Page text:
* See the Top 15 groups, Top 40 brands and Top 286 models by clicking on the title *
Before hurricane Harvey hit, analysts thought August would be the first positive U.S. sales month for 2017. Partly due to the disruptions triggered by the storm and devastating floods that followed (estimated to have caused the loss of 30 to 50.000 sales), it ended up not being the case with sales for the month down 1.9% or 29.000 units year-on-year to 1.483.330, marking the 8th consecutive month of negative sales in the U.S. This even though average incentives are up 13% year-on-year to $3.799 per vehicle according to ALG. Thus 2017 has yet to register a single positive month. Year-to-date, new light vehicles in the U.S. are down 2.7% or 320.000 units to 11.350.606. The Seasonally Adjusted Annual selling Rate plunges to 16.1 million, down from 17.2 million in August 2016 and the lowest SAAR since the 15.6 million units of February 2014. The year-to-date SAAR now stands at 16.8 million units, down from 17.3 million in the same periods of 2016 and 2015. With between 300.000 to 500.000 storm-damaged vehicles to be replaced, we could however see a minor tick up over the last quarter of the year.
Once again cars are the hardest hit at -8.5% to 549.749 units, with midsize cars resisting better (-3.8%) while small cars (-11.8%) and luxury cars (-13.2%) down in the double-digits. Following a trend we’ve seen across the last couple of years, Light Trucks are up 2.4% to 933.581 units, with minivans up 0,7% to 45.924, pickups up 3.7% to 237.753 and crossovers up 3.8% to 465.125 but SUVs actually down 3.8% to 144.529. In August, cars account for 37.1% of light vehicle sales, down from 38.5% in August 2016 while light trucks see their share grow from 61.5% to 62.9%. Year-to-date, cars are down 11.3% and light trucks up 3.3% with this ratio being 37.9% to 62.1%.
In the Groups ranking, General Motors post its largest year-on-year gain of 2017 at +7.5% to 275.552 units as inventory falls and Toyota Motor also impresses with its third consecutive year-on-year gain at +6.8% to 227.625, maintaining itself above Ford Motor down 2.1% to 209.029. FCA is down 11% for its 12th consecutive year-on-year drop, reporting retail sales down 7% and fleet sales plunging 23% as part of a deliberate strategy to reduce dependence on fleet. American Honda (-2.4%), Nissan North America (-13.1%) and most strikingly Hyundai-Kia (-14.8%) all lose ground and market share, falling faster than the market. The Volkswagen Group gains 4.8% to 56.836 sales.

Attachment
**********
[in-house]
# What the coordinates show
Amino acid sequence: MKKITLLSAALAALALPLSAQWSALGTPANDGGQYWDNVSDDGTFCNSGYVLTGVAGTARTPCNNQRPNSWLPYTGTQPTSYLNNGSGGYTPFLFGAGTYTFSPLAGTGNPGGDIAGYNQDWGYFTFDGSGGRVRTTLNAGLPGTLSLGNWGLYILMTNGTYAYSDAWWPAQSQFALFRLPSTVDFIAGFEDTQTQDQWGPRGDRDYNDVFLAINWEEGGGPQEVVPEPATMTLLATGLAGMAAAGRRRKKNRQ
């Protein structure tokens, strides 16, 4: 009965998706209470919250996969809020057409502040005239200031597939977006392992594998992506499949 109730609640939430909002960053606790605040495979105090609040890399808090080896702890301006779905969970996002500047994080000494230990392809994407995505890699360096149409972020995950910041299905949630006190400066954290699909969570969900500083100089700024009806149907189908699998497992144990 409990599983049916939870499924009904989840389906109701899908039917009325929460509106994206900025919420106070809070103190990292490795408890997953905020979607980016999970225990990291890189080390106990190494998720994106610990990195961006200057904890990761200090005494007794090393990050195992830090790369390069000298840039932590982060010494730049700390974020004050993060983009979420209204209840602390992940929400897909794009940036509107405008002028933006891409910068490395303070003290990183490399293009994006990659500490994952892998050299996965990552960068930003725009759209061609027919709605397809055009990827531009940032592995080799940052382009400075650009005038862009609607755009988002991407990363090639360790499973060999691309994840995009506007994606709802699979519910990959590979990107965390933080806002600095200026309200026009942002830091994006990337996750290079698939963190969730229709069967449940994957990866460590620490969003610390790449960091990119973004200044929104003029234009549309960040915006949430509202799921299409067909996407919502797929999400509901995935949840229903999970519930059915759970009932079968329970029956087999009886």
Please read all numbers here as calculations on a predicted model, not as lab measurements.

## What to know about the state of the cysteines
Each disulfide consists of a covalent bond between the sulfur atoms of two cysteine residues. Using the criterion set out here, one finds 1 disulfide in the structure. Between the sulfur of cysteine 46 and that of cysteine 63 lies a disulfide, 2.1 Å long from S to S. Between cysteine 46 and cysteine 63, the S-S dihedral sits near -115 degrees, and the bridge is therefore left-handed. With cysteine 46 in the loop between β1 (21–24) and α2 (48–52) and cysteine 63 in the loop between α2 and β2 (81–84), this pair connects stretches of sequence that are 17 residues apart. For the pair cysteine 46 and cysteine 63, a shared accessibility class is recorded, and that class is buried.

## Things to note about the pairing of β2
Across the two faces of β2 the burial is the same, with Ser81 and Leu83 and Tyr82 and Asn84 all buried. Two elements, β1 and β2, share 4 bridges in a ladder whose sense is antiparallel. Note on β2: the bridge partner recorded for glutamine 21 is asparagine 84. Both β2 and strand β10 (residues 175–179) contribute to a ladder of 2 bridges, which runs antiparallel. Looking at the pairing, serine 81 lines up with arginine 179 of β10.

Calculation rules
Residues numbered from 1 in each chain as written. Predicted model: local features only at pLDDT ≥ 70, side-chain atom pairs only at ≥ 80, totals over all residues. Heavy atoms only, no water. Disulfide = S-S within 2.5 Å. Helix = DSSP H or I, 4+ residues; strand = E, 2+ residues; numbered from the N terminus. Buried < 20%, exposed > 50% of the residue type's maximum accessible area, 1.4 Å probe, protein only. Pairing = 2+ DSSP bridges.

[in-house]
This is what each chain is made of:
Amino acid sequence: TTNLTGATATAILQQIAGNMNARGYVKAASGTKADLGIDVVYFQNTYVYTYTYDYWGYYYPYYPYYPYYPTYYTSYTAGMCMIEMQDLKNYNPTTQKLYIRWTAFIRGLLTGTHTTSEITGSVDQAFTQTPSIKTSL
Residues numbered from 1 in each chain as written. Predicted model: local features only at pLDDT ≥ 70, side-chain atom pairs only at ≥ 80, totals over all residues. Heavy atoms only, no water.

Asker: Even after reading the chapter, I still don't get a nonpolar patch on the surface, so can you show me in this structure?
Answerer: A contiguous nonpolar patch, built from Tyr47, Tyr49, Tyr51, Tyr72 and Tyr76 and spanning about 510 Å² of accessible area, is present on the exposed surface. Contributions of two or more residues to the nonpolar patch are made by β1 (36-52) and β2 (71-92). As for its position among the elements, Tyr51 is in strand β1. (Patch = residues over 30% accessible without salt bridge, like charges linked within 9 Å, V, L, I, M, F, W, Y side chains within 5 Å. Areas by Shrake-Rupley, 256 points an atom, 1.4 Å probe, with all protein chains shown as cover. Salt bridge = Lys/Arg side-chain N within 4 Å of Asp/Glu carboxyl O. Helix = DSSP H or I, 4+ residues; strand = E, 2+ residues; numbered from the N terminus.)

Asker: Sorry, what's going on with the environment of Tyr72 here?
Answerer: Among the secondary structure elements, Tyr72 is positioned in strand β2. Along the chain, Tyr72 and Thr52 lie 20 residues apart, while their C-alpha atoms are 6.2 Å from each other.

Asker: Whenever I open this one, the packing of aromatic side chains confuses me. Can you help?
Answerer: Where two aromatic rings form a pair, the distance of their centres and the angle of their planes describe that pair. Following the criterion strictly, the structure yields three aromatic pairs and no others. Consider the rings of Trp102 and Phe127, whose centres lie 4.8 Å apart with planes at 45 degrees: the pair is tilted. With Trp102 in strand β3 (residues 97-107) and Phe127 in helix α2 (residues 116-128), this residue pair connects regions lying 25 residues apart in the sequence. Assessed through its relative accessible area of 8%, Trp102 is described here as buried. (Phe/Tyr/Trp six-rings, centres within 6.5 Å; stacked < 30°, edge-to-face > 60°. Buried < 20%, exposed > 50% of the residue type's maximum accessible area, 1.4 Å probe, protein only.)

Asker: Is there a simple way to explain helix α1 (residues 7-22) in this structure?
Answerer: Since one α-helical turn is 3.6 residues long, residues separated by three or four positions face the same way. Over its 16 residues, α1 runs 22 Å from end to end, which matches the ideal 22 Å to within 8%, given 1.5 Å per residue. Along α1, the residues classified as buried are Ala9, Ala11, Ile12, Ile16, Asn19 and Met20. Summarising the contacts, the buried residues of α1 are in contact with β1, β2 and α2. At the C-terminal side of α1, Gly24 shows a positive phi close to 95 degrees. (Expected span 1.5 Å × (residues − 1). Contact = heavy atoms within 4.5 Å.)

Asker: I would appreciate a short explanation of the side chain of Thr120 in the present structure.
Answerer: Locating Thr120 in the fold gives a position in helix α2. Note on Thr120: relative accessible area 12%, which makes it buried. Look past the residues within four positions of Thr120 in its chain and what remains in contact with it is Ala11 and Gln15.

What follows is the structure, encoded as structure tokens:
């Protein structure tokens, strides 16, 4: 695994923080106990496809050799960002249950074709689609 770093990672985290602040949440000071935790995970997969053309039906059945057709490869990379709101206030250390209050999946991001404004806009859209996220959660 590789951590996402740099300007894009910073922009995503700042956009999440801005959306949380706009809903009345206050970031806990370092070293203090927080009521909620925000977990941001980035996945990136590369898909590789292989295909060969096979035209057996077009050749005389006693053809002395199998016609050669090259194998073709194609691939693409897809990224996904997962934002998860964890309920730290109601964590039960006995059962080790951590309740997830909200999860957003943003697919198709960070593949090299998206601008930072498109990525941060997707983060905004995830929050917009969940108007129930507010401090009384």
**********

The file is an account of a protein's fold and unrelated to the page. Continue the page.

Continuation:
Ford reclaims the lead of the brands ranking despite a 1.9% drop to just above 200.000 sales. Toyota, #1 last month, drops to #2 but gains 11.5%, ending the month a mere 817 sales above Chevrolet, also up a very solid 11.4%. Honda (-1.8%) and Nissan (-14.8%) round up the Top 5 above Jeep down a dismal 15.4% due to a 66% drop in fleet sales. Hyundai (-25.5%) tops all manufacturers for the largest drop in the Top 20 while GMC (+12.4%) posts the largest gain. Buick (-22.5%) and Chrysler (-33%) are also in great difficulty. Further down, Mitsubishi (+11.3%), Maserati (+15.1%), Genesis (+20.4%) and Alfa Romeo (+2981%) are the most dynamic among smaller brands. We finish on the most impressive brand of the past few years: with the smallest average incentives in market, Subaru gains 4.6% to sign its 69th consecutive month of year-on-year gains and its best sales month ever at 63.215 units.
The Ford F-Series is up a very robust 15% to just over 77.000 sales, lifting its year-to-date advantage over #2 Chevrolet Silverado, up just 4% this month, to a whopping 213.000 units. Once again the event of the month is delivered by the Toyota RAV4, up 30% year-on-year to sign an incredible 2nd consecutive all-time monthly record at 43.265, beating the 41.804 it hit just last month. 5.128 of these are the hybrid variant (+0.4%). Keeping in mind the RAV4 nameplate has been on sale for more than 20 years in the U.S., this is a truly great performance from the Toyota crossover. As a result, the RAV4 steps up to #4 in the YTD order, overtaking the Nissan Rogue (-10% this month) and now leading the crossover ranking just as the Honda CR-V drops 15% in 7th place overall.
The Ram Pickup is knocked down to #4 again bit remains a distant third YTD. Helped by the progressive arrival of the 2018 model, the Toyota Camry is up 13% in August but is followed closely by the Honda Civic (+11%) which for now retains the title of best-selling car of 2017 YTD at 248.928 (-3%) vs. 247.775 (-7%) for the Camry. Remember the Camry has won this title for the past 15 consecutive years whereas the Civic has never won it. Notice also the Chevrolet Equinox up 85% to break into the Top 10 for the second time in the past three months, the Jeep Grand Cherokee up 28%, the Chevrolet Malibu up 36%, Toyota Highlander up 26%, Dodge Grand Caravan up 62% and the Subaru Crosstrek up 46% to a record 12.823 sales. The GMC Acadia (+56%), Chevrolet Impala (+66%) and GMC Terrain (+54%) also shine.
Among recent launches, the Toyota C-HR dominates at #114, but the VW Atlas is catching up: up 50 spots on July to #120. It is followed by the Kia Niro at #126, the Chevrolet Bolt at #141, Hyundai Ioniq at #175, Alfa Romeo Giulia at #189 and Lincoln Continental at #197. We welcome the Range Rover Velar in the U.S. sales charts in August directly at #222.
Full August 2017 Top 15 groups, Top 40 brands and Top 286 models below.